It's been a while since I last did serious research on the telecoms market and I have only recently restarted looking into what is going on. In my opinion Jajah is an extremely powerful proposition. They have solved the equation of offering inexpensive telephony using Internet technologies without ever having to deploy infrastructure at customer locations. Furthermore, the customer just uses a regular phone to speak although they have to use the web site to establish the communication.
Jajah is extremely significant and important. It may well impact the telco business far more than Skype and it definitely is a quantum leap in the advent of the Internet era in traditional telephony services. Here's why I think Jajah may be the biggest disruption yet in the telco market:
- no infrastructure deployment, no need to change anything at customer locations.
- sustainable cost advantage that is going to be particularly relevant for users of IP / WiFi enabled mobile phones.
- the business of GSM roaming will suffer and we know it is the cow that GSM operators are living on.
- traditional telco operators are being pressured for local telephony by companies offering combined ISP / telco services for a flat fee and they are now also going to face even more pressure on long distance calls than Skype was already inducing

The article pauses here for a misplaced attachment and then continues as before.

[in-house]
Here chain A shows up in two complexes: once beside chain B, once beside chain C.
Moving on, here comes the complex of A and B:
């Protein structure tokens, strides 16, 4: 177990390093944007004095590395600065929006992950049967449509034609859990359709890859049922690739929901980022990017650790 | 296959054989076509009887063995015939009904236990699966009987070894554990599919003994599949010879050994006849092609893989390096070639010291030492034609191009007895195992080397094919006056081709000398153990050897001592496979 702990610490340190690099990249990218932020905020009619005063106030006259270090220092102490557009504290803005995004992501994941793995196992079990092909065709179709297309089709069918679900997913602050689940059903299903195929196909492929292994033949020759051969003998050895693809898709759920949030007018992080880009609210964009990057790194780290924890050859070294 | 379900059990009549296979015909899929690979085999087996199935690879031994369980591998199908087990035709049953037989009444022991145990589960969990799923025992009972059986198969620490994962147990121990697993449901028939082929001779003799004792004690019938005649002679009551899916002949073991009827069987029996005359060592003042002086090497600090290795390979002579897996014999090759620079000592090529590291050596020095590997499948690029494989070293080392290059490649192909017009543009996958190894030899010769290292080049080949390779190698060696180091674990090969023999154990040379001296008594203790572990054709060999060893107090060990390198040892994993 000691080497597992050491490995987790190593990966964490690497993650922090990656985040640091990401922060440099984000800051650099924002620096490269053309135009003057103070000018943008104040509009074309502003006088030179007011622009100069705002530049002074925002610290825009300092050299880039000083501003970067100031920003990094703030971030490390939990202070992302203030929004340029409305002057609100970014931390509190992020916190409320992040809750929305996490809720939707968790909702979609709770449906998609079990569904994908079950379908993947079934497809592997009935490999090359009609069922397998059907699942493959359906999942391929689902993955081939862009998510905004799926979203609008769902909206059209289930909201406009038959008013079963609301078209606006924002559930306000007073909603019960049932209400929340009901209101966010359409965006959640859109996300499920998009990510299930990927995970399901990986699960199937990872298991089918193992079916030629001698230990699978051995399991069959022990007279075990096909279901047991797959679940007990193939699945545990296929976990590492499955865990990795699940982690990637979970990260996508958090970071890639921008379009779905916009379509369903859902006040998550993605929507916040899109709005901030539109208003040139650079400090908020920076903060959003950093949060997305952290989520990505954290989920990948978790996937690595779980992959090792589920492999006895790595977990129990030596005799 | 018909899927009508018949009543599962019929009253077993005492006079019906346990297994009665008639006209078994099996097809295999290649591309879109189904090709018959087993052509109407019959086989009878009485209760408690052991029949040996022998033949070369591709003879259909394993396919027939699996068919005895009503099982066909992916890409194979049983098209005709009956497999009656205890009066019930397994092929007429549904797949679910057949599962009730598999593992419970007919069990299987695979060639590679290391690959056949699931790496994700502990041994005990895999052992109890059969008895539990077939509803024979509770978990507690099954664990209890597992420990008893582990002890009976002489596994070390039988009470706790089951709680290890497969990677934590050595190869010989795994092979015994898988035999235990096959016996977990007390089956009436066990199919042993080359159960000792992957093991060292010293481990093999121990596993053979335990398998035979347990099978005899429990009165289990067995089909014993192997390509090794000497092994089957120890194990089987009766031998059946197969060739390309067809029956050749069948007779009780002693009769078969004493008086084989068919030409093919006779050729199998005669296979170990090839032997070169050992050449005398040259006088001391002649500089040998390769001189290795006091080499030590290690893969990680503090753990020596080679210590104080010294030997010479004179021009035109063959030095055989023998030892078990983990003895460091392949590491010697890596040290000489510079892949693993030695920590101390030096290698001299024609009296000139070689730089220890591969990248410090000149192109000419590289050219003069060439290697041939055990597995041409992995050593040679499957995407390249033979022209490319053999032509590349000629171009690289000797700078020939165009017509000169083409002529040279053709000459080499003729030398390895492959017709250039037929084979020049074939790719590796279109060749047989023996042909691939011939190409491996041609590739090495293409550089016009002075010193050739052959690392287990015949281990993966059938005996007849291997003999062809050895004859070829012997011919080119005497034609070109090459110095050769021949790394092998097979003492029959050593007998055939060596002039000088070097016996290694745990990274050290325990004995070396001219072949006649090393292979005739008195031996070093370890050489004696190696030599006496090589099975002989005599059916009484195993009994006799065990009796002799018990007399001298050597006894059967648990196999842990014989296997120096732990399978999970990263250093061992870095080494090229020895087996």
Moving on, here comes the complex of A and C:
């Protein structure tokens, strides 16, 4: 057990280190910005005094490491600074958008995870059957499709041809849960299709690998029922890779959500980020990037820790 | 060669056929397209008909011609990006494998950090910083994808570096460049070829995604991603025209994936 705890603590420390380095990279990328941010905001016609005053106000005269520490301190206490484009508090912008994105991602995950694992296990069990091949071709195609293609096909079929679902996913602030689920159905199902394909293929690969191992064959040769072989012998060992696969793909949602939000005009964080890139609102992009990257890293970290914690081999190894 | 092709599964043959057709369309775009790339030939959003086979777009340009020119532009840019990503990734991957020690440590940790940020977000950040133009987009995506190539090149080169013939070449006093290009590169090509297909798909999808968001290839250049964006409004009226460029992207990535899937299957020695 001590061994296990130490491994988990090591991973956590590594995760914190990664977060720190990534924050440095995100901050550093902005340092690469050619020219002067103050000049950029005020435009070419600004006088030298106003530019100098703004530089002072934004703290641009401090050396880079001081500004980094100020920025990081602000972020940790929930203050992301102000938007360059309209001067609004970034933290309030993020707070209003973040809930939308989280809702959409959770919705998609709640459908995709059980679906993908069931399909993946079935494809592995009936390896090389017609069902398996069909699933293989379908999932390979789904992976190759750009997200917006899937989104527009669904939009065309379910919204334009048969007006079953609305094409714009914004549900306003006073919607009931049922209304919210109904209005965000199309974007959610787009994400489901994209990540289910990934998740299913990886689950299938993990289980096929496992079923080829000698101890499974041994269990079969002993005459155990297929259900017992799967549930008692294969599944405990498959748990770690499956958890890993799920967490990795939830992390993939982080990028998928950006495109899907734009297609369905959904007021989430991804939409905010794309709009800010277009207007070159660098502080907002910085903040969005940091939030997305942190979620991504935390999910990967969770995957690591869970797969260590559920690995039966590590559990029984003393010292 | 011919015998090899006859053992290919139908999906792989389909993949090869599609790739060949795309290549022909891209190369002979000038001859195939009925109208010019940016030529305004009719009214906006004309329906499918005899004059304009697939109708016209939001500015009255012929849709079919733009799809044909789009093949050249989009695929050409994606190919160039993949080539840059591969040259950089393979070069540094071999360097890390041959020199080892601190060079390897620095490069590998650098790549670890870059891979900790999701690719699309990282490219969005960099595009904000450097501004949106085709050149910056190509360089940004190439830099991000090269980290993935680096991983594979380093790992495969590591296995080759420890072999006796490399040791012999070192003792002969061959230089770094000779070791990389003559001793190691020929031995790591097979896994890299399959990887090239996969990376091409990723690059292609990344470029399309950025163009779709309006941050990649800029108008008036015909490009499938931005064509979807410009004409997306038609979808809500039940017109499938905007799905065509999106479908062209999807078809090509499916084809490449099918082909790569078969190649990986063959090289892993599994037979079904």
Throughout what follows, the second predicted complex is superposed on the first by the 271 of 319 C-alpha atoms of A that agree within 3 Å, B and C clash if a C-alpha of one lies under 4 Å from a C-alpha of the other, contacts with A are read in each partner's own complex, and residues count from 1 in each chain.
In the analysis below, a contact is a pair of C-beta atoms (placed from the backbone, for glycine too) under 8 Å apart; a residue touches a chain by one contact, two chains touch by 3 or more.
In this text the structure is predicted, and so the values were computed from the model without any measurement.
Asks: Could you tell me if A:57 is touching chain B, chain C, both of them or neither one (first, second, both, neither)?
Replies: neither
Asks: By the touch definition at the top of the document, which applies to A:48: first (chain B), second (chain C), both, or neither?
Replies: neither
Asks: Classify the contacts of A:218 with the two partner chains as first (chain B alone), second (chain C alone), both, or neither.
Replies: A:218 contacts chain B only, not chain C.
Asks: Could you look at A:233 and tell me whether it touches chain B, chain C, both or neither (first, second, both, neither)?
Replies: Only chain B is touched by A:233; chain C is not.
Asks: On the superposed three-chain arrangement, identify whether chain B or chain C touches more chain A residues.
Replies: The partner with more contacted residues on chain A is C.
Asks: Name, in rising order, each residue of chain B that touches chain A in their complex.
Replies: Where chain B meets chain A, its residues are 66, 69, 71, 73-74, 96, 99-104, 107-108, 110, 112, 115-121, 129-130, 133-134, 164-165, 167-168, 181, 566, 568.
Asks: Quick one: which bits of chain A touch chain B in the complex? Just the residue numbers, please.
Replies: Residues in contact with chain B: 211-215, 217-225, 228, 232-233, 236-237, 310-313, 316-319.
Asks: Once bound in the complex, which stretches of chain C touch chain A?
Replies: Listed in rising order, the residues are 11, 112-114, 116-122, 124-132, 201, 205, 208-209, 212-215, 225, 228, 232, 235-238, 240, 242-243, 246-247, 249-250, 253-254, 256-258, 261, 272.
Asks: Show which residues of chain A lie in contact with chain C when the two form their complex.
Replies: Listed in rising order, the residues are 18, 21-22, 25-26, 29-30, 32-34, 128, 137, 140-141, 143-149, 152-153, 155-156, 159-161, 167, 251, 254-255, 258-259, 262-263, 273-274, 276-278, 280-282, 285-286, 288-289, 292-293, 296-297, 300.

- Jajah is deceptively simple for most users. They have been able to shape a service that fully reuses existing consumer education about how to place a phone call. This is essential and I had already mentioned why I thought Skype was great one year ago: their interface was a perfect replica of a traditional phone and that was major help for users. Jajah manages to beat Skype on that count. The proverbial grand mother can use Jajah!
Here's how it works:
- go to jajah's site
- enter your phone number and your correspondent's phone number
- jajah establishes a connection with you (your phone rings) and your correspondent (their phone rings) and presto you are in contact at a cost that is super low (barely more expensive than Skype)
Of course, if you want to have low cost telephony, you will have to accept increased risk of eavesdropping, but then again no system is secure as shown by the recently uncovered tapping of GSM cell-phones of prominent government officials in Greece. So, I would not bother much about the issue and still choose what to discuss on the phone and what to keep for more secure channels.